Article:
Ghanaian midfielder Sulley Ali Muntari has joined forces with his wife Menaye and her foundation Menaye Charity Organisation to create awareness and fight against the deadly disease HIV and AIDS as a way of marking the day.
Today December 1 has been set aside by the United Nations and the World Health Organisation as World Aids Day, a day reserved for the creation of awareness of Aids.
Challenging Ghanaians especially the youth, Menaye called for a more preventive approach rather than curing the disease thereby reiterating the saying “prevention is better than cure. ”
Outlining some shocking revelations, Menaye said “at the end of 2010 there were 34 million people in the world living with HIV or AIDS. In my home country of Ghana, a quarter of a million people are infected with the disease, and whilst education and medical provision is improving all the time, the condition continues to devastate lives and families. Hundreds of thousands of children in Ghana have lost at least one parent to the disease and many more have been left as orphans.
“The numbers are truly staggering, but behind each statistic is a personal story of tragedy. Hearing these stories first hand from orphans that I have met in Ghana are both heart-breaking and incredibly moving. My charity, the Menaye Charity Organisation, has, over the years, provided financial support to a number of orphanages across Ghana.
"A few years ago, when I was visiting one of the orphanages, I met a little boy who was infected with HIV after his mother passed it down to him. His mother and father had both already died of the disease and so the little boy was left to fight each day without the support of his family.
"The orphanages in Ghana do incredible work, literally saving lives every day, but they are no substitute for a healthy, happy family life.
"The fact that the possibility to grow up with these basics of human life had been taken away from this little boy before he was even out of the womb, is truly devastating. What is worse is that it is so unnecessary. With better education, screening, and medical care, so many more lives could be saved.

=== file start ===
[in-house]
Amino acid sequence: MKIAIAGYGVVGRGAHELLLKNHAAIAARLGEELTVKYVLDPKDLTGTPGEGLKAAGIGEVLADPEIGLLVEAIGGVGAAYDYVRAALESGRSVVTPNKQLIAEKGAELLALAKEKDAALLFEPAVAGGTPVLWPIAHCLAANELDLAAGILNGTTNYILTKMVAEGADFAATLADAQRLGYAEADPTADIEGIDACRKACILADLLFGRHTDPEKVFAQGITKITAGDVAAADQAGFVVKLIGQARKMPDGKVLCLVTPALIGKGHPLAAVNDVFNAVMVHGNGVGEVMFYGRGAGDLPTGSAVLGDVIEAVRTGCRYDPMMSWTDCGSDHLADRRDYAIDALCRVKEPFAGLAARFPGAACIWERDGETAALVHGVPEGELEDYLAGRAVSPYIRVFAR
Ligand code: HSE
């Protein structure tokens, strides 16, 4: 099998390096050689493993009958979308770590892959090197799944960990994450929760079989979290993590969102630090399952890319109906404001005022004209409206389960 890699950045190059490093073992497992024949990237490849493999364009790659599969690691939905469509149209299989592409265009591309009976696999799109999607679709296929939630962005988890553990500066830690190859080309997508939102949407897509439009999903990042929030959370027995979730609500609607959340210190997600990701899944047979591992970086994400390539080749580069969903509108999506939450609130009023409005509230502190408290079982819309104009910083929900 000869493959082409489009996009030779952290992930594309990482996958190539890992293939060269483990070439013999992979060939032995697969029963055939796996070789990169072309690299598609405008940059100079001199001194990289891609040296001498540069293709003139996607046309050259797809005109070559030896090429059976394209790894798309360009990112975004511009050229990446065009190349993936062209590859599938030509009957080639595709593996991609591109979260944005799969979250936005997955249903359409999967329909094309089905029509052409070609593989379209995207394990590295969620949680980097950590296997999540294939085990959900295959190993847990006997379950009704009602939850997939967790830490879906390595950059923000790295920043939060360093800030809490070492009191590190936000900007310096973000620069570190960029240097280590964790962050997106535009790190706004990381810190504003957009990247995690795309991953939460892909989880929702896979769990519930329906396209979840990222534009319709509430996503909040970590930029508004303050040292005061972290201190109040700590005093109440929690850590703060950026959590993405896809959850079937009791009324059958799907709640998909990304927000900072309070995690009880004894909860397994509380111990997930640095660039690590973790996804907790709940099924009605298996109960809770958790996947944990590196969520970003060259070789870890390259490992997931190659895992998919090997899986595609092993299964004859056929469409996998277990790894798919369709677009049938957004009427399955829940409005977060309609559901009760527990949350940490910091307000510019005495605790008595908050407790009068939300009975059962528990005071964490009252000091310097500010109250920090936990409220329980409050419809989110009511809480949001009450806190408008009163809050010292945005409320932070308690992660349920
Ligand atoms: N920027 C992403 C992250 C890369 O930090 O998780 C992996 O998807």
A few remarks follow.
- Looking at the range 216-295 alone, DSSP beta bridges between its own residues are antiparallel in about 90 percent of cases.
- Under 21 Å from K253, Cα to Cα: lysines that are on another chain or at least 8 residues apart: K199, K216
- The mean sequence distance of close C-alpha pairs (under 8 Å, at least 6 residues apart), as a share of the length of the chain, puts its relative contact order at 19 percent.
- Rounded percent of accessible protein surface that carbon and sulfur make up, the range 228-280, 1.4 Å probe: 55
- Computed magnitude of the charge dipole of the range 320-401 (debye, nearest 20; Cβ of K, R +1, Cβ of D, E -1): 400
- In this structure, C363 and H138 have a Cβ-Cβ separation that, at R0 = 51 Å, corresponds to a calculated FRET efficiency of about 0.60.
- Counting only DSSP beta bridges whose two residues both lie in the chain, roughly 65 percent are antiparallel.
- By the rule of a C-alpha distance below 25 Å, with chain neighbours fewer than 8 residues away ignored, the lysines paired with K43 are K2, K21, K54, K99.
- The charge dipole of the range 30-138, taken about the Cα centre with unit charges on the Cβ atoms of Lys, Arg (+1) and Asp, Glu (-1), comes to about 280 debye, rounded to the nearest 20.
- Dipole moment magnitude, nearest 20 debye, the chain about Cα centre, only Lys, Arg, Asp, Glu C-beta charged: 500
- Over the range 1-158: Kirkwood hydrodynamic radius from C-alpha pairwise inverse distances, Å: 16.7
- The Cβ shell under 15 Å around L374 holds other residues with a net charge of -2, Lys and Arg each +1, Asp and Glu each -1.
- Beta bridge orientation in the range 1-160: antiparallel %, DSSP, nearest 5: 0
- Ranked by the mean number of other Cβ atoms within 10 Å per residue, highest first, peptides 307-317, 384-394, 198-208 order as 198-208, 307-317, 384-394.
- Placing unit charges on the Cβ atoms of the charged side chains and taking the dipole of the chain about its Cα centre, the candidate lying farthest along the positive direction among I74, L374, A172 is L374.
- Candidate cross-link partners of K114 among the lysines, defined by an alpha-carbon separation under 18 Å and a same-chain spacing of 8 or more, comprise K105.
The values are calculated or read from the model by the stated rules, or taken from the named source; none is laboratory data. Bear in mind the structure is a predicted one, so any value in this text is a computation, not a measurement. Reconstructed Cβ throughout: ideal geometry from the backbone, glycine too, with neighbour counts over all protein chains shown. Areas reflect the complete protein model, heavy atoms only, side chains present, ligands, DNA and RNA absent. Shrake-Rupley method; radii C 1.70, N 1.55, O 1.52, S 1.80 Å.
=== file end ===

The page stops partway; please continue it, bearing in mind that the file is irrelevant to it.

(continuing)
“One of the major problems in Ghana, and again something that I have witnessed firsthand, is the lack of knowledge about prevention of the infection spreading. In some areas the use of contraceptives as a solution is not only not known about, it is sometimes actively discouraged. There is also a lack of awareness about the way HIV and AIDS is spread to unborn children.
"What is needed is more education, easier access to protection and better medication. It is not an easy task, but together, we can improve the situation."
On his part, Muntari said “giving back to my community in Ghana is something that is very important to me and my wife Menaye and I are still supporting the Menaye Charity Organization which supports the work of several orphanages in central Ghana, helping to provide food and medication to AIDS infected orphans.
"As it’s World AIDS Day today I just wanted to take a second to raise some awareness about the disease and say that if you have a spare moment today, think about those less fortunate and whether there is anything you can do to help. ”
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